Use this URL to cite or link to this record in EThOS: http://ethos.bl.uk/OrderDetails.do?uin=uk.bl.ethos.498315
Title: Coping, anxiety and depression in caregivers of people with Alzheimer's disease
Author: Cooper, Claudia
Awarding Body: University of London
Current Institution: University College London (University of London)
Date of Award: 2007
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Abstract:
Background: There have been few longitudinal studies investigating the impact of coping on psychological morbidity in caregivers of people with dementia (CG), and those have conflicting or unreplicated findings. About a quarter of caregivers of people with dementia (CG) experience clinically significant anxiety, but anxiety is relatively neglected in this group.;Main Hypothesis: The relationship between burden at baseline (T1) and anxiety a year later will be mediated by more dysfunctional coping strategies, and less emotion-focussed and problem-focussed coping strategies at T1.;Methods: 126 people with Alzheimer's disease and their family carers were recruited, of whom 93(73.8%) were re-interviewed a year later. Sampling was designed to ensure that the participants were representative of people living in the UK with Alzheimer's disease in terms of dementia severity, gender and care setting. I used the Hospital Anxiety and Depression Scale to measure carer anxiety, and the Brief COPE to measure coping strategies, to explore our hypothesis that the relationship between carer burden and anxiety and depression is mediated by coping style.;Results: Using relatively fewer emotion-focussed strategies and more problem-focussed strategies mediated the relationship between caregiver burden and anxiety a year later, after controlling for potential confounders. Using fewer emotion focussed strategies also predicted higher psychological morbidity in general. More use of dysfunctional coping strategies mediated this relationship cross-sectionally but not on longitudinal analysis.;Conclusion: Carers who used more emotion-focussed coping strategies in response to carer burden were protected from having higher anxiety levels a year later, while those using problem-focussed strategies were not. Most current psychological interventions are based on problem-solving coping strategies, but our results suggest that a psychological intervention package to encourage emotion-focussed coping may be a rational approach to reduce anxiety in dementia carers. Studies are needed to test such interventions.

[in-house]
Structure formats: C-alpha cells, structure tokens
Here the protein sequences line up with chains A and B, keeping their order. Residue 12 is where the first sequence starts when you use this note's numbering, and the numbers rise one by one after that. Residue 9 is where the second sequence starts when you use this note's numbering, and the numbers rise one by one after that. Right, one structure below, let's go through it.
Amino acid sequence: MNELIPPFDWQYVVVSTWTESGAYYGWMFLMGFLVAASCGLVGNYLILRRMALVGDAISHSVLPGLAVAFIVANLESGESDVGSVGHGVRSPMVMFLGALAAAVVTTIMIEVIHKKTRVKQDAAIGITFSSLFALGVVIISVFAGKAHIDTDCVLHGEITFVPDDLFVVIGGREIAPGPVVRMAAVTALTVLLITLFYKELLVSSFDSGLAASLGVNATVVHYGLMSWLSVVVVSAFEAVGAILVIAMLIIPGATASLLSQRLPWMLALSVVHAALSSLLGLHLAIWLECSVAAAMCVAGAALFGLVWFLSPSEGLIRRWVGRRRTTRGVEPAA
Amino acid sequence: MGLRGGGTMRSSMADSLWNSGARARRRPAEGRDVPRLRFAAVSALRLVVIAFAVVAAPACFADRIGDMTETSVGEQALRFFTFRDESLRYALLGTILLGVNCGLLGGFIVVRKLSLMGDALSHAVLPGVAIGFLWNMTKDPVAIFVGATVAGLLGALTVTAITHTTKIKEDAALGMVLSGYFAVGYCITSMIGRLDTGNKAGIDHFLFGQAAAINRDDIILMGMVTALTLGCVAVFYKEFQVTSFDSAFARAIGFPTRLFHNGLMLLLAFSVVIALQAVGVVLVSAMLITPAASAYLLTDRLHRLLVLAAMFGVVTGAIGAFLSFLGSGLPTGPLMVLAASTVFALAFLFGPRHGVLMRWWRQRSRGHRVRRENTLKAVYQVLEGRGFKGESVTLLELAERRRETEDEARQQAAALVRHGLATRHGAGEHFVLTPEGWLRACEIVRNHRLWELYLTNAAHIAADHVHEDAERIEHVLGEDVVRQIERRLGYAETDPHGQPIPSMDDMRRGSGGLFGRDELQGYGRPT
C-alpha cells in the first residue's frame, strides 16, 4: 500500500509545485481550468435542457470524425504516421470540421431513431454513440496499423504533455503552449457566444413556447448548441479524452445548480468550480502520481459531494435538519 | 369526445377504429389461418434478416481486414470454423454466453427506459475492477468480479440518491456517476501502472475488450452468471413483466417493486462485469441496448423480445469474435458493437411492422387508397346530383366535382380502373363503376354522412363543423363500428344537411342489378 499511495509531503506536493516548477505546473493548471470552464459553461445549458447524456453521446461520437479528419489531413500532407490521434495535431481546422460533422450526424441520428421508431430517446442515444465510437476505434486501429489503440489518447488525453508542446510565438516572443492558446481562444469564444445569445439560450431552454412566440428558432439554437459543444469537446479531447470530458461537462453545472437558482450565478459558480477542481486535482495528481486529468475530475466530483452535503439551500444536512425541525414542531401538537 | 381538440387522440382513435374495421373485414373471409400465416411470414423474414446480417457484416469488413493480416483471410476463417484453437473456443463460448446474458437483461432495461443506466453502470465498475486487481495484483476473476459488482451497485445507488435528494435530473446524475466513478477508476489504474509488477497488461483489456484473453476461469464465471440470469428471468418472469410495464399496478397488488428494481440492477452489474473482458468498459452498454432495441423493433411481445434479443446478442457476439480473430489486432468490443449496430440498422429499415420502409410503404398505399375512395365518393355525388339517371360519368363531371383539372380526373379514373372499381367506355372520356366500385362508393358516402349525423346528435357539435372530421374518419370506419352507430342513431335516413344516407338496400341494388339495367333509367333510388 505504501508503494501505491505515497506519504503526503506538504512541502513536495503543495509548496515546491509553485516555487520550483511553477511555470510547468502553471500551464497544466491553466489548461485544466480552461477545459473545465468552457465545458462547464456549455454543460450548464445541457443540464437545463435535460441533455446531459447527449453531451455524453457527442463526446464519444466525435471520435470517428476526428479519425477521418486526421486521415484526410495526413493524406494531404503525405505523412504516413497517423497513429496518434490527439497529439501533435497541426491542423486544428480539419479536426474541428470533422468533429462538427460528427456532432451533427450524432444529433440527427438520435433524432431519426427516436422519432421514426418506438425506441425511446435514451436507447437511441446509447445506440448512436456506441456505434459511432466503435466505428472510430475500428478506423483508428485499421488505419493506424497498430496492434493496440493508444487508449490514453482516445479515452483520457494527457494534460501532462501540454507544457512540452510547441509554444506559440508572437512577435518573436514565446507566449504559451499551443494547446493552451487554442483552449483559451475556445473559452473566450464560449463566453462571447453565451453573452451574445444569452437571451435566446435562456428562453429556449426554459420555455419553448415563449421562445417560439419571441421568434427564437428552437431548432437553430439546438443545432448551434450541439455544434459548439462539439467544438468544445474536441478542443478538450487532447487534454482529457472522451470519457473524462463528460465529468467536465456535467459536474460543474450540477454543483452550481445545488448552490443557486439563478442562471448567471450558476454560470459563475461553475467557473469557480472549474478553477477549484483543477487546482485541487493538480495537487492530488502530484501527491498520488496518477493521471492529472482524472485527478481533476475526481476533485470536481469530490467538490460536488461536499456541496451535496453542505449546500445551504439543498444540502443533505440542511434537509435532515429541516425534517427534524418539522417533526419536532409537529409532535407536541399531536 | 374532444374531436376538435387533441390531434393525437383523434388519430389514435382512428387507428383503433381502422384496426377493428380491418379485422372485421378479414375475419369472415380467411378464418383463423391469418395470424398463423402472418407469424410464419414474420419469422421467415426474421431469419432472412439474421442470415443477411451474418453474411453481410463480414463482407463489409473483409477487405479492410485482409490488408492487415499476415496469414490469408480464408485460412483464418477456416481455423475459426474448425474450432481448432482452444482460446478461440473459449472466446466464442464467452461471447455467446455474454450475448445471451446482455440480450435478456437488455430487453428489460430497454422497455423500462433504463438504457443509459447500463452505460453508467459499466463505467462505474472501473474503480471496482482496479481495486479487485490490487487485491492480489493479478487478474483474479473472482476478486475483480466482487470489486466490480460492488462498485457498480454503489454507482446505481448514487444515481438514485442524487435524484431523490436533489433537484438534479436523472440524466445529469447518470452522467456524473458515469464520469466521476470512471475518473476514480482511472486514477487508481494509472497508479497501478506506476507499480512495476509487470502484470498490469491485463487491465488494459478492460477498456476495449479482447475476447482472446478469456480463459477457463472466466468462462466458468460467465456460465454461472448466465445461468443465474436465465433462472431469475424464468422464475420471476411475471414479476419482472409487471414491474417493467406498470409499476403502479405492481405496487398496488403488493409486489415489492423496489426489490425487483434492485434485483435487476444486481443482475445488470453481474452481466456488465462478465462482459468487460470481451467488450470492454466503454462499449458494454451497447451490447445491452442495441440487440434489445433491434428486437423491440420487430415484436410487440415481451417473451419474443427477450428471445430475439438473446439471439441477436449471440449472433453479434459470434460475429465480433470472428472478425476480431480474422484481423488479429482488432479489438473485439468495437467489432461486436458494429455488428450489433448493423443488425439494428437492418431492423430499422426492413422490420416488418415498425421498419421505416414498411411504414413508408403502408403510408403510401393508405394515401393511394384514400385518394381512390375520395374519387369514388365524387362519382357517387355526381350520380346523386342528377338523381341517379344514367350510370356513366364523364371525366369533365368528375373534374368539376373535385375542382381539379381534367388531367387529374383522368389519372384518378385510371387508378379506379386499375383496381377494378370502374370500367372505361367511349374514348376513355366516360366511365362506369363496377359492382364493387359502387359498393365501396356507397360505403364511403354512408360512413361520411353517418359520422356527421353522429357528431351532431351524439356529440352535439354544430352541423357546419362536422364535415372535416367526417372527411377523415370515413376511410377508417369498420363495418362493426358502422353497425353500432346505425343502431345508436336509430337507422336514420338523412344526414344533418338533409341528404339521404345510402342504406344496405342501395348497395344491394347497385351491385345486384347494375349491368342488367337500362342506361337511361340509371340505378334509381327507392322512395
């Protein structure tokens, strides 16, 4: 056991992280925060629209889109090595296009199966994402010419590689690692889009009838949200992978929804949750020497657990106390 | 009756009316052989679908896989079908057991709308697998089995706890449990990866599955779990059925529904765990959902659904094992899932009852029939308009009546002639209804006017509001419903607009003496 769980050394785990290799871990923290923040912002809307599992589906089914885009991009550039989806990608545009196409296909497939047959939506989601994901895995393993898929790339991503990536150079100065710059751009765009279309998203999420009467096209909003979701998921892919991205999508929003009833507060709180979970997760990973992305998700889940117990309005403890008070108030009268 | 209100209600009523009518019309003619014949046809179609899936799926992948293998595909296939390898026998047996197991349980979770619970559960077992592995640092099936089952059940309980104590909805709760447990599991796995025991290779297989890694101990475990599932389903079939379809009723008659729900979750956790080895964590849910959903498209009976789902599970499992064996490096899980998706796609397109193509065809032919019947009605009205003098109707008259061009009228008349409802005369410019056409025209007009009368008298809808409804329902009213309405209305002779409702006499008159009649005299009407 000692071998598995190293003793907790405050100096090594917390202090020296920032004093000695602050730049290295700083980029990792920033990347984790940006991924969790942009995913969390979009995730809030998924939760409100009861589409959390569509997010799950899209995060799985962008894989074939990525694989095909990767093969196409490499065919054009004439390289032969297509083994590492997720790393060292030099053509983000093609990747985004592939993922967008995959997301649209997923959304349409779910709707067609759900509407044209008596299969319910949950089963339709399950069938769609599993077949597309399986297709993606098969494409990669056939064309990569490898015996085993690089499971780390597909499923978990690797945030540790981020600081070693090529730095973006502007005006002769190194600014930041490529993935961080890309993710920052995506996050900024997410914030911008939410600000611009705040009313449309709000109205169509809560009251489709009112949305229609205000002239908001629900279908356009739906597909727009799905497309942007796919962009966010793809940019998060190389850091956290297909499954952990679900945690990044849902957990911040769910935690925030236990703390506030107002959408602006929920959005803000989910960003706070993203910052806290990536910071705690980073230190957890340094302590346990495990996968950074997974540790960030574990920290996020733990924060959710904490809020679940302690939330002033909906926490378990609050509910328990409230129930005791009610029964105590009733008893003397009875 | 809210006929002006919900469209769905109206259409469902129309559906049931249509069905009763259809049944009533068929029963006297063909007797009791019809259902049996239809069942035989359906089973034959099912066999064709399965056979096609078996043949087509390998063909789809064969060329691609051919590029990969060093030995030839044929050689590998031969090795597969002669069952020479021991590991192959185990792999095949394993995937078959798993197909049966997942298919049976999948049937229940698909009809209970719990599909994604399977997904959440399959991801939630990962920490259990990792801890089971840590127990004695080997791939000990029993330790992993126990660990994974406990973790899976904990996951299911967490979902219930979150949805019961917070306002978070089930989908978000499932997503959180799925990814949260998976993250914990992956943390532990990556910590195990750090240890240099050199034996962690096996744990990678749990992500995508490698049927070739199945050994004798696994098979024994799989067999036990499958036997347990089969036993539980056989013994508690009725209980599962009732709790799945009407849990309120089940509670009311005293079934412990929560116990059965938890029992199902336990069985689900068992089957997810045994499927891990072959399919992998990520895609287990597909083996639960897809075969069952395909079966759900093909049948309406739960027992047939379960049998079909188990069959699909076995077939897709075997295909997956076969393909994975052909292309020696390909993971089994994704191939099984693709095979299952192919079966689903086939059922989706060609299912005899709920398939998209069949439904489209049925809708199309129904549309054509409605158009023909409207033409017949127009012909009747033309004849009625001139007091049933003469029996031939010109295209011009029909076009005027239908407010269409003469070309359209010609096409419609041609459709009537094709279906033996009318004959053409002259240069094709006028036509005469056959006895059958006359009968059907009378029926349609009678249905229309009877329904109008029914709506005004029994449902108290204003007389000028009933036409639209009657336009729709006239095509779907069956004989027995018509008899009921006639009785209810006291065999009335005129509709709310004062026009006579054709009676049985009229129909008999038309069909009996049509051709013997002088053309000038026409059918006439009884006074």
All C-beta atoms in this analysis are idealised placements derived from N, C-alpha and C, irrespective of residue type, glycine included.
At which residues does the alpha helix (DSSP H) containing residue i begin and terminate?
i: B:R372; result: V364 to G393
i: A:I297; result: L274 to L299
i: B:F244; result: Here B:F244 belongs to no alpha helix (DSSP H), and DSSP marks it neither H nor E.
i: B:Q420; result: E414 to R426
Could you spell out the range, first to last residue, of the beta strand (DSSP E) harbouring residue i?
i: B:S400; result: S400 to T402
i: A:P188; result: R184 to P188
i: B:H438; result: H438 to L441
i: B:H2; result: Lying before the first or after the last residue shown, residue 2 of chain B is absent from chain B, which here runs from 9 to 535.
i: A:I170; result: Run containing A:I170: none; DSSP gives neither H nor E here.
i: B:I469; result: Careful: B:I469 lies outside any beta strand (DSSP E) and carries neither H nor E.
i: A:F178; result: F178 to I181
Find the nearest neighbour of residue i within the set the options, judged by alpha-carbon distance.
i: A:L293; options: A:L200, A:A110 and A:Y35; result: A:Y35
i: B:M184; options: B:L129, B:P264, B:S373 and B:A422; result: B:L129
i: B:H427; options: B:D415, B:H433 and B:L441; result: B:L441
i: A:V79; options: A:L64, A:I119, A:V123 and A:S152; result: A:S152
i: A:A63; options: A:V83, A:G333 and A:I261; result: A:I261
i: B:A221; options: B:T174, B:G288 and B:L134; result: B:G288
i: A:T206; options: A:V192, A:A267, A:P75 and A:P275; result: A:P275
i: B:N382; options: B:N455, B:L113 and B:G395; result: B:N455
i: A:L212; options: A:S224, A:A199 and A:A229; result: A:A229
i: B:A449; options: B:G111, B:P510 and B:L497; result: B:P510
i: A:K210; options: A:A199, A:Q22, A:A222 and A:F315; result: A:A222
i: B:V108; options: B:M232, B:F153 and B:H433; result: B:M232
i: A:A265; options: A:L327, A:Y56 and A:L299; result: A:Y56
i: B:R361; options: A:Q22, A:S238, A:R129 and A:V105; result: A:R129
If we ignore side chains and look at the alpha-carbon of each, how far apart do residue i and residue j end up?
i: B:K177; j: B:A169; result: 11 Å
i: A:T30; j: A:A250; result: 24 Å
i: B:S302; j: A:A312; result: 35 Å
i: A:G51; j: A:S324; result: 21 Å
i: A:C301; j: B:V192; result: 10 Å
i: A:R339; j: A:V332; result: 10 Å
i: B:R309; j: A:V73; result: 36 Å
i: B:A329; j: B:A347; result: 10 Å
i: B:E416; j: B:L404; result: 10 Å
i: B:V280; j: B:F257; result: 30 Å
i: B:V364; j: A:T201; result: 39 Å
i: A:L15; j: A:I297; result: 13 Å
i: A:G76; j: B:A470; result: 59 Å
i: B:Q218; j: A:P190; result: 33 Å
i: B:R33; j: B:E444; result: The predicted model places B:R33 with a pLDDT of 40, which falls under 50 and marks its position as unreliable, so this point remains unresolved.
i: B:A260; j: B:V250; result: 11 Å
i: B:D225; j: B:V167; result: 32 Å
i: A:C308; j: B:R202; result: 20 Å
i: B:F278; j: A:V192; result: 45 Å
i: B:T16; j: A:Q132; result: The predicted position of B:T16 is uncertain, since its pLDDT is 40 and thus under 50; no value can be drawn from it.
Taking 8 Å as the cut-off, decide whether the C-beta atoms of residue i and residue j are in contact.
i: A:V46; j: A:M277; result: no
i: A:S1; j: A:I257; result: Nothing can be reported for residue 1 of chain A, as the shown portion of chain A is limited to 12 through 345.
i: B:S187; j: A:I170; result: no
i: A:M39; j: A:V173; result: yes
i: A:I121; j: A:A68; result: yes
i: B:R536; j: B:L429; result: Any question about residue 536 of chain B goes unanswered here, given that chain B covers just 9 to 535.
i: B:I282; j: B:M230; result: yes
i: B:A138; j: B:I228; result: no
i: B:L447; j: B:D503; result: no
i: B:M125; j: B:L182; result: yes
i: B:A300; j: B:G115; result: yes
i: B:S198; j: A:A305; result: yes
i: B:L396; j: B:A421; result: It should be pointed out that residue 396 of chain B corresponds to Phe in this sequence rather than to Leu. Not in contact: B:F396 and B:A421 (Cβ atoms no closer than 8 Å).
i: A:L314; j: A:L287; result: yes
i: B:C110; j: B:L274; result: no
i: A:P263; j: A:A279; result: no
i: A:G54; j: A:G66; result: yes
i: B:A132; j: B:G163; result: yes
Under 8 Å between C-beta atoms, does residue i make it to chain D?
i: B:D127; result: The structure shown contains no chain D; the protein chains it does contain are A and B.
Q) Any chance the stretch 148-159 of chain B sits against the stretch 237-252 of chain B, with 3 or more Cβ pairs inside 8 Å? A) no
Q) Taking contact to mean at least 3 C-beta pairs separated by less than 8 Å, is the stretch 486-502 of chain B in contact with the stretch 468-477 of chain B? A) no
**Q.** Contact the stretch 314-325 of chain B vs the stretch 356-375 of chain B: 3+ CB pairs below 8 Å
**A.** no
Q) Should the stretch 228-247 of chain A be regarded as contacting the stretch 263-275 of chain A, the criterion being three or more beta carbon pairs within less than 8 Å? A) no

Supervisor: Not available Sponsor: Not available
Qualification Name: Thesis (Ph.D.) Qualification Level: Doctoral
EThOS ID: uk.bl.ethos.498315  DOI: Not available
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